Queen Bee Cells Blue SKy Beekeeping

Around the world there are many different breeds of Apis mellifera regularly used in beekeeping operations. New Zealand has very strict controls on the importation of honey and bee products and this extends to genetic material also. As a result of these controls there are currently only 2 recognised breeds of honey bee that are used in New Zealand. These are Italian, and Carnolian Italian queen bees which are by far the most popular. This is partly due to the early introduction of Italian bees to New Zealand and in part due to its suitability to the New Zealand climate and way of beekeeping.

Although these are two distinct breeds that have their own traits that reputable breeders seek to conform to the inability to import genetic material can prove challenging. As such there is a degree of variation in the quality of queen bees produced, which largely depends on the ability of the breeding operation, the skill of the breeder, and their ability to control matings.

Strengths of Italian bees:

  • Good spring build up. Italian queen bees provide a good, controlled build up in spring. Colonies that build up too quickly in New Zealand run the risk of being caught out by a cold snap which often occurs.  Bee colonies that are slow to build up run the risk of not being at the right strength for the honey flow, unable to take advantage of early flowering nectar sources, and being unable to be fully utilised in spring splits. A controlled spring build up minimizes the risk that changes in the bee hive have occurred between visits that can be detrimental such as swarming or starving.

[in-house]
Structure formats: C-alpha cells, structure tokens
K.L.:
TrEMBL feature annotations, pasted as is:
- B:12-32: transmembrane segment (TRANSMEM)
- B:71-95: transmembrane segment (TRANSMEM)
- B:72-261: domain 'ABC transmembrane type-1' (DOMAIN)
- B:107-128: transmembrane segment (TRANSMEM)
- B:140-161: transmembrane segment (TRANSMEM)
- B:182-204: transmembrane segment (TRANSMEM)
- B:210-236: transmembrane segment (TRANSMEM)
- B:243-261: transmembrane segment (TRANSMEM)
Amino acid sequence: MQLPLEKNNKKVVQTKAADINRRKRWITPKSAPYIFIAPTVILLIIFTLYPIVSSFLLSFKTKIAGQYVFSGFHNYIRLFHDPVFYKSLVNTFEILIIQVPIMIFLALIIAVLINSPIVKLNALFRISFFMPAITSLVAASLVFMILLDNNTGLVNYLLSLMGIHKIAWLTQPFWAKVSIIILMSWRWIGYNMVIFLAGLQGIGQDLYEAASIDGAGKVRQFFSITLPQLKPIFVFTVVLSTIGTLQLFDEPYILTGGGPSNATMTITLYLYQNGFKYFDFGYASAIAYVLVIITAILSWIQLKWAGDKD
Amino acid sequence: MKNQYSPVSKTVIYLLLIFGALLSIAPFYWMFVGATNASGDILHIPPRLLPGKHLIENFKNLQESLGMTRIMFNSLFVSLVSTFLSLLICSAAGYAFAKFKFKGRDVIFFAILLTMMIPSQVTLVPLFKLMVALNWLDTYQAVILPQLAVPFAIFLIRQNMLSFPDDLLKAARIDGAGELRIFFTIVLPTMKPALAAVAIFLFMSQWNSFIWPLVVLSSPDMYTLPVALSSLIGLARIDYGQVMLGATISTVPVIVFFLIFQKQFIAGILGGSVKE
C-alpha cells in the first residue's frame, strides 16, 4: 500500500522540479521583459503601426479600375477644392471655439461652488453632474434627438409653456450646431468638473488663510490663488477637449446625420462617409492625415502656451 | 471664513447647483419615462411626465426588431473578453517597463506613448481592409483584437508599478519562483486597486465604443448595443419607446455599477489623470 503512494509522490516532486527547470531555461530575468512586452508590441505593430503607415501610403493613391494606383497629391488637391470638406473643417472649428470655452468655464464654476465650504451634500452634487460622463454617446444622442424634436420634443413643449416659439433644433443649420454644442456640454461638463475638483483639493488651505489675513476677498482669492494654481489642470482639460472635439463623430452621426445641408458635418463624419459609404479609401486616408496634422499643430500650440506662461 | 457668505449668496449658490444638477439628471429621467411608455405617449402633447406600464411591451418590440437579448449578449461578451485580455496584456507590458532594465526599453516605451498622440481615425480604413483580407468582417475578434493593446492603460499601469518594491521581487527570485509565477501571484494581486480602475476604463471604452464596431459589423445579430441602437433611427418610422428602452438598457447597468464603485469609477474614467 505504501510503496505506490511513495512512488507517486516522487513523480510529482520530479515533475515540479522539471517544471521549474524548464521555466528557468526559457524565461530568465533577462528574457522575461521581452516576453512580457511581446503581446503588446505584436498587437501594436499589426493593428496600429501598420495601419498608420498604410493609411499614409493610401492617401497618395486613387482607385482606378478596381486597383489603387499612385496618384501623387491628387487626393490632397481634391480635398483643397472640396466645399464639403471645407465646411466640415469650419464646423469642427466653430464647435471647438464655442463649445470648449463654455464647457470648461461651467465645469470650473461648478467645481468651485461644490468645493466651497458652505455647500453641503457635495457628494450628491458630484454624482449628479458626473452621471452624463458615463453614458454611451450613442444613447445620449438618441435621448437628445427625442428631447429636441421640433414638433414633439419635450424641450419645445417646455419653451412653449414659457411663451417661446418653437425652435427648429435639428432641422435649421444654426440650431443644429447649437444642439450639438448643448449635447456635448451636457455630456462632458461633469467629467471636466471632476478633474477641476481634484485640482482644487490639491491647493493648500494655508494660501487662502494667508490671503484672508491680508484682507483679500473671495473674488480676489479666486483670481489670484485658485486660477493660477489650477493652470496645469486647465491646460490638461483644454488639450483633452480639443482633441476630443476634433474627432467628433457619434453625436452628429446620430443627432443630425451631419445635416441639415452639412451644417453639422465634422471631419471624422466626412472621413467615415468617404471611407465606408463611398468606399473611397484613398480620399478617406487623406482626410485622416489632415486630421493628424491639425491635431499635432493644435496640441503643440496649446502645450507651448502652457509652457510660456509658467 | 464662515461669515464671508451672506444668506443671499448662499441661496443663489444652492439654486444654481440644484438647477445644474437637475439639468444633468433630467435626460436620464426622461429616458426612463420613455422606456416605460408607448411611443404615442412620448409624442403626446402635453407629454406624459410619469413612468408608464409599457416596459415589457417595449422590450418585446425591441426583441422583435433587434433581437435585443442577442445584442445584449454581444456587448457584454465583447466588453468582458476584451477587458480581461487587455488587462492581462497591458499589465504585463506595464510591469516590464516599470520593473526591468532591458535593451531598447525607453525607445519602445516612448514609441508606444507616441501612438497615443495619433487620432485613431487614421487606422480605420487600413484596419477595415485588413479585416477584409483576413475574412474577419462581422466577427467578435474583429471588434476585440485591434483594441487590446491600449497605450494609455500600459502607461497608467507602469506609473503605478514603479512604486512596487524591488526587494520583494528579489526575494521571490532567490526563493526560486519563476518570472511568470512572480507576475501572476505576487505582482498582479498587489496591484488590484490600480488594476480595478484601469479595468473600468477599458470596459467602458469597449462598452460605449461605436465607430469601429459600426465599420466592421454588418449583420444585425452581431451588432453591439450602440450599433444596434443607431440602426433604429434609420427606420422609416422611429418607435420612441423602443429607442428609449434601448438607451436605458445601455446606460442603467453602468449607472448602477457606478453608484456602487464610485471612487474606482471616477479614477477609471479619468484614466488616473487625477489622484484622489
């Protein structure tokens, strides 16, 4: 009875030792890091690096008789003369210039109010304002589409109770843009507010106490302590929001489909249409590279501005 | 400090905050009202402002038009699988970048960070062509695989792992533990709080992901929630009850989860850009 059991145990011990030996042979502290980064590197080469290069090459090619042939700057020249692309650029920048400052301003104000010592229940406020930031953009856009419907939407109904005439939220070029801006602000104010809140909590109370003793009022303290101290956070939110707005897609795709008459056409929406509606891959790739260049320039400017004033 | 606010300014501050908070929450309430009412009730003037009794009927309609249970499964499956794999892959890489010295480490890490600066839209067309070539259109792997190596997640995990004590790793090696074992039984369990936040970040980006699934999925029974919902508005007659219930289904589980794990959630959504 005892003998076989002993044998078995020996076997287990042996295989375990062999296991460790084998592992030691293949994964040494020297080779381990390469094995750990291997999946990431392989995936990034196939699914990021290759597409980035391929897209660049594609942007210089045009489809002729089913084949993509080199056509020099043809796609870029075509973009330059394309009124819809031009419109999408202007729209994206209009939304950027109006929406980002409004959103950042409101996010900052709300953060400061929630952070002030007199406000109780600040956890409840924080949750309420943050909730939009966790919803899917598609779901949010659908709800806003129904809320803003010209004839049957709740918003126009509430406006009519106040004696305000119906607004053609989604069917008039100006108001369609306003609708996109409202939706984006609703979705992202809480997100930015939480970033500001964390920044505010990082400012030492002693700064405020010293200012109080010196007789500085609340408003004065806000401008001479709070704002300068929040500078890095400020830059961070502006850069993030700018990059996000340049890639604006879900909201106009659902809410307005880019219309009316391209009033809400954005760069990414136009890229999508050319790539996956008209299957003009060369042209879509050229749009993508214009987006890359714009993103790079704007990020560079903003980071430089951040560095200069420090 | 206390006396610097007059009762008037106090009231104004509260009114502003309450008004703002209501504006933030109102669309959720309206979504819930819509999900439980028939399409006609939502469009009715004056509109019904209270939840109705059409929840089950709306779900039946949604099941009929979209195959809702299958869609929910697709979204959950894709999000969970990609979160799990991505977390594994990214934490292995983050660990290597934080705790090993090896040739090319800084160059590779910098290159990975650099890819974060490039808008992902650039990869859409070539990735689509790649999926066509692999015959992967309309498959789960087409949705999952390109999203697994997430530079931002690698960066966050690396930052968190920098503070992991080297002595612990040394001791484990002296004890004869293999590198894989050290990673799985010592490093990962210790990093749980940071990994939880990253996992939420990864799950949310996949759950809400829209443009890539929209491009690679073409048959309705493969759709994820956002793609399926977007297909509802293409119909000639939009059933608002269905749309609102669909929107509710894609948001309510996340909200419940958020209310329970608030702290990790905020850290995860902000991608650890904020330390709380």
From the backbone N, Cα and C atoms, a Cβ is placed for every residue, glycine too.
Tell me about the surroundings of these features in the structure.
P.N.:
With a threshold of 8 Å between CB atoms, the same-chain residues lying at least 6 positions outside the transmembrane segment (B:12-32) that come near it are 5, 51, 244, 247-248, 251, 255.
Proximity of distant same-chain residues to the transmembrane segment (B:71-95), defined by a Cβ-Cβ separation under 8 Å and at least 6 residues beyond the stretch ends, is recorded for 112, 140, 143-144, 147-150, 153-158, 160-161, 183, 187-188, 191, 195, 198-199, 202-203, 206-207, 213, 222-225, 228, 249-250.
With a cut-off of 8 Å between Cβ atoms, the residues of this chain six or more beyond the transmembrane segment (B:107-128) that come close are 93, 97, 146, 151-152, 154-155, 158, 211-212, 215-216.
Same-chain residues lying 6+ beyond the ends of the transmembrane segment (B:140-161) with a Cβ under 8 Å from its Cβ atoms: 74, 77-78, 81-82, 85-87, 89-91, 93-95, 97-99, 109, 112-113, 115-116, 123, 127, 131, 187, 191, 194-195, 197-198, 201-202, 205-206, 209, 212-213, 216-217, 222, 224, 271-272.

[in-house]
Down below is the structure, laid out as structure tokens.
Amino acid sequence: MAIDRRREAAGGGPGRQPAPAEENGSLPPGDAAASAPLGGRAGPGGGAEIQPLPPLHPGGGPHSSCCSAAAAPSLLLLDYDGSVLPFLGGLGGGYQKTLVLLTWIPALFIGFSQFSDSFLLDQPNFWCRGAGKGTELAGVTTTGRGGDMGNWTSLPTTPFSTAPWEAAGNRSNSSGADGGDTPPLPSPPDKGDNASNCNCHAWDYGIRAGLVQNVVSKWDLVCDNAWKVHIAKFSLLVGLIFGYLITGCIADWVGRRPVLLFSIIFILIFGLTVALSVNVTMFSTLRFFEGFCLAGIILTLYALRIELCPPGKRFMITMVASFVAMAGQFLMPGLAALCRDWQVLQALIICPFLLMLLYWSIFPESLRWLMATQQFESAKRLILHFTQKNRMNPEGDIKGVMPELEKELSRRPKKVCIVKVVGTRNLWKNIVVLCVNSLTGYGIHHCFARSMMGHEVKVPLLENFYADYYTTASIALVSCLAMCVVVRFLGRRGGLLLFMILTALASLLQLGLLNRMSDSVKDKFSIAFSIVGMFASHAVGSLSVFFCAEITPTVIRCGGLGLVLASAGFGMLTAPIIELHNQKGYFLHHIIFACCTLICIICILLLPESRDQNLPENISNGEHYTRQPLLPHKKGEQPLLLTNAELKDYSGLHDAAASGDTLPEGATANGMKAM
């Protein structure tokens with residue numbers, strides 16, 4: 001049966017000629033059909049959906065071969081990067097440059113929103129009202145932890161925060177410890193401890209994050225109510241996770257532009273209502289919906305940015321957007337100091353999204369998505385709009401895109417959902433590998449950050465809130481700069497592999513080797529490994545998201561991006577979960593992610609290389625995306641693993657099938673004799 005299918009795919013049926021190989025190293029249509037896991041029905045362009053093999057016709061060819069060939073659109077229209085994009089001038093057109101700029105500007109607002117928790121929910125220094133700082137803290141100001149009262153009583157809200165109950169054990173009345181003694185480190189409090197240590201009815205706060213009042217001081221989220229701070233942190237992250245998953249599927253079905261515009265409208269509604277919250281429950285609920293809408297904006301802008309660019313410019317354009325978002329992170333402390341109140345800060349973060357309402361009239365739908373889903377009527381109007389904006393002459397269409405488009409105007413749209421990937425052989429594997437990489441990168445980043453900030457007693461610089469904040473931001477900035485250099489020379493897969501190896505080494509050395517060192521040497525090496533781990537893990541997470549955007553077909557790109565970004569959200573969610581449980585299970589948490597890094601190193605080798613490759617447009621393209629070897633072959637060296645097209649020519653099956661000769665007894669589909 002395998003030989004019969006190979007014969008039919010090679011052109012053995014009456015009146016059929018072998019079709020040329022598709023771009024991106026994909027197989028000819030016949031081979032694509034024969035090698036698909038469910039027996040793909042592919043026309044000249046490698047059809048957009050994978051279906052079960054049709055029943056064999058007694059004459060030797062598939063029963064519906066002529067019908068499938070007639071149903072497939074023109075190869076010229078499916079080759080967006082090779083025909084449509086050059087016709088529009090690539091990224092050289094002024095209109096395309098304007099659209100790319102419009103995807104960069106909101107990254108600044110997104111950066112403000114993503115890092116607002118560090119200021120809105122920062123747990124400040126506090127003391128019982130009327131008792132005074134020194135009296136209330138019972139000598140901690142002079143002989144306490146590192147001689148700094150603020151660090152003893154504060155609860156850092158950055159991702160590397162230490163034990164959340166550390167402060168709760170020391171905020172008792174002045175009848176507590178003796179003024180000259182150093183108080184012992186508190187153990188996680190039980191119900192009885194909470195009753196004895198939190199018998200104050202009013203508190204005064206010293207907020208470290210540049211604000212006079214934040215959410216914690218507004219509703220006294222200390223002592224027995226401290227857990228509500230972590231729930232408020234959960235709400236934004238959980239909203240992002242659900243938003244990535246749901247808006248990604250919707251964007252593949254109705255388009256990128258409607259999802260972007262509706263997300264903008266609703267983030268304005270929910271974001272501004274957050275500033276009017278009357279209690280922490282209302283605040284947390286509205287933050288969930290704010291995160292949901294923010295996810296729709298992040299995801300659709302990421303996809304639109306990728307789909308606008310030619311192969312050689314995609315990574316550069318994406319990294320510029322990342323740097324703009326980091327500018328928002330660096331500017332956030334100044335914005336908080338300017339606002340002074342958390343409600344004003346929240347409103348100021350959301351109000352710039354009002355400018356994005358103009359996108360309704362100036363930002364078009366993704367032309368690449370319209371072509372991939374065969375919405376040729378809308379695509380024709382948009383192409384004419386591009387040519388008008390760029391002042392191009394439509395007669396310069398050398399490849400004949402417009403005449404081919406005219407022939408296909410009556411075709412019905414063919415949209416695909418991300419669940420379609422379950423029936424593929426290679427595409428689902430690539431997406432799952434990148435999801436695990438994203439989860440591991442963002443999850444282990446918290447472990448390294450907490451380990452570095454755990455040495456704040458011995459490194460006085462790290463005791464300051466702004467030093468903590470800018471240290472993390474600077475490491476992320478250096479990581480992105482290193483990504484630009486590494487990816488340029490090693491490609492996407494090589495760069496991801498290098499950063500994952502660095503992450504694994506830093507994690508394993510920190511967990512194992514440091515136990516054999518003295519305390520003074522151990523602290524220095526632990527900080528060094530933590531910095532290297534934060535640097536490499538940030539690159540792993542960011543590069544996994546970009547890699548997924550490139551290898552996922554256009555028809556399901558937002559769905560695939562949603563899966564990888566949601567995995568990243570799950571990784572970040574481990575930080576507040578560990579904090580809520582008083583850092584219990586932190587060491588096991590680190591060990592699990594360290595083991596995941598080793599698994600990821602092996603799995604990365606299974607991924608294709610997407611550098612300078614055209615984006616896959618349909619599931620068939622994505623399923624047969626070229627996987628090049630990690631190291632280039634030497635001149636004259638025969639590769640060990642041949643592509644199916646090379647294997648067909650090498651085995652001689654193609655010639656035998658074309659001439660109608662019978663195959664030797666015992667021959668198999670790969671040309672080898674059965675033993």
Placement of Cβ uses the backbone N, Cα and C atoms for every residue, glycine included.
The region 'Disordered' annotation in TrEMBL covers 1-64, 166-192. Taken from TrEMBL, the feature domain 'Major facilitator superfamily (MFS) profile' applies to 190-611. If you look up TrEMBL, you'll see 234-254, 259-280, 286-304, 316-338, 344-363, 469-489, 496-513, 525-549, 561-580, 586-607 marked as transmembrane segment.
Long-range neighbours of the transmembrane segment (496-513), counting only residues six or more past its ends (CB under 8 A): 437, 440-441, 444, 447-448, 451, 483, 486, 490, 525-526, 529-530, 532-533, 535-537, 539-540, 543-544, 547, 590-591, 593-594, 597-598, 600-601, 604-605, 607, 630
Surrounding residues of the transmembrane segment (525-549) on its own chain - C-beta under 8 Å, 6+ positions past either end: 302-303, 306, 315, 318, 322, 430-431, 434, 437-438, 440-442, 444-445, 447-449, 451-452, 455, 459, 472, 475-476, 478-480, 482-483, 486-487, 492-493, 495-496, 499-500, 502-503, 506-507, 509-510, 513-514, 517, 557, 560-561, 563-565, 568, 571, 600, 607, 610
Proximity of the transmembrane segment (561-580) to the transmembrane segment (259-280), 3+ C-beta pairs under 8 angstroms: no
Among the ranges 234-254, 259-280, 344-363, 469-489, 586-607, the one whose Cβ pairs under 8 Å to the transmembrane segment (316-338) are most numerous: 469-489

• Good overwintering. Bee hives that shut down effectively when the weather begins to turn and survive well in winter are very important. Italian bees begin to ramp down new brood production as the weather begins to cool, cluster well and therefore do not consume excessive amounts of stored food over winter. In many cases our Italian
    queen bees have a ‘brood break’ in the middle of winter where the queen stops laying for a short period. This is also beneficial in the control of varroa numbers in the hive.
  • Honey production. The majority of beekeepers, whatever the size, are looking for queen bees and bees that produce good volumes of honey. In many cases honey is the only source of income derived from the hive and getting good volumes is vital to business survival. This is particularly important in New Zealand where honey from specific floral sources (mānuka in particular) is highly valued and sought after. A years worth of work and costs can be wasted if the hive and its bees don’t perform when the honey flow is on.
  • Low swarming. All beekeepers want hives that build up well in spring however bees that build erratically or too quickly in spring can cause swarming issues. Italian bees have a reputation of building steadily but not being swarm prone.

As with all livestock the quality of animal can vary wildly depending on the breeding stock, systems and skill of the producer. While it is important to understand the base traits of the breed of queen bee and honey bee that you are running in your operation speaking with your breeder is equally, if not more important. A good breeder should be able to discuss their program and the traits that they are targeting. They should have a feel for what they are doing as well as experience built up over time and exposure to different aspects of the beekeeping industry.

Since their introduction into New Zealand Italian honey bees and queen bees have proved to be well suited and productive throughout the entire country. They are an excellent base from which quality breeders have been able to develop highly productive and effective stock.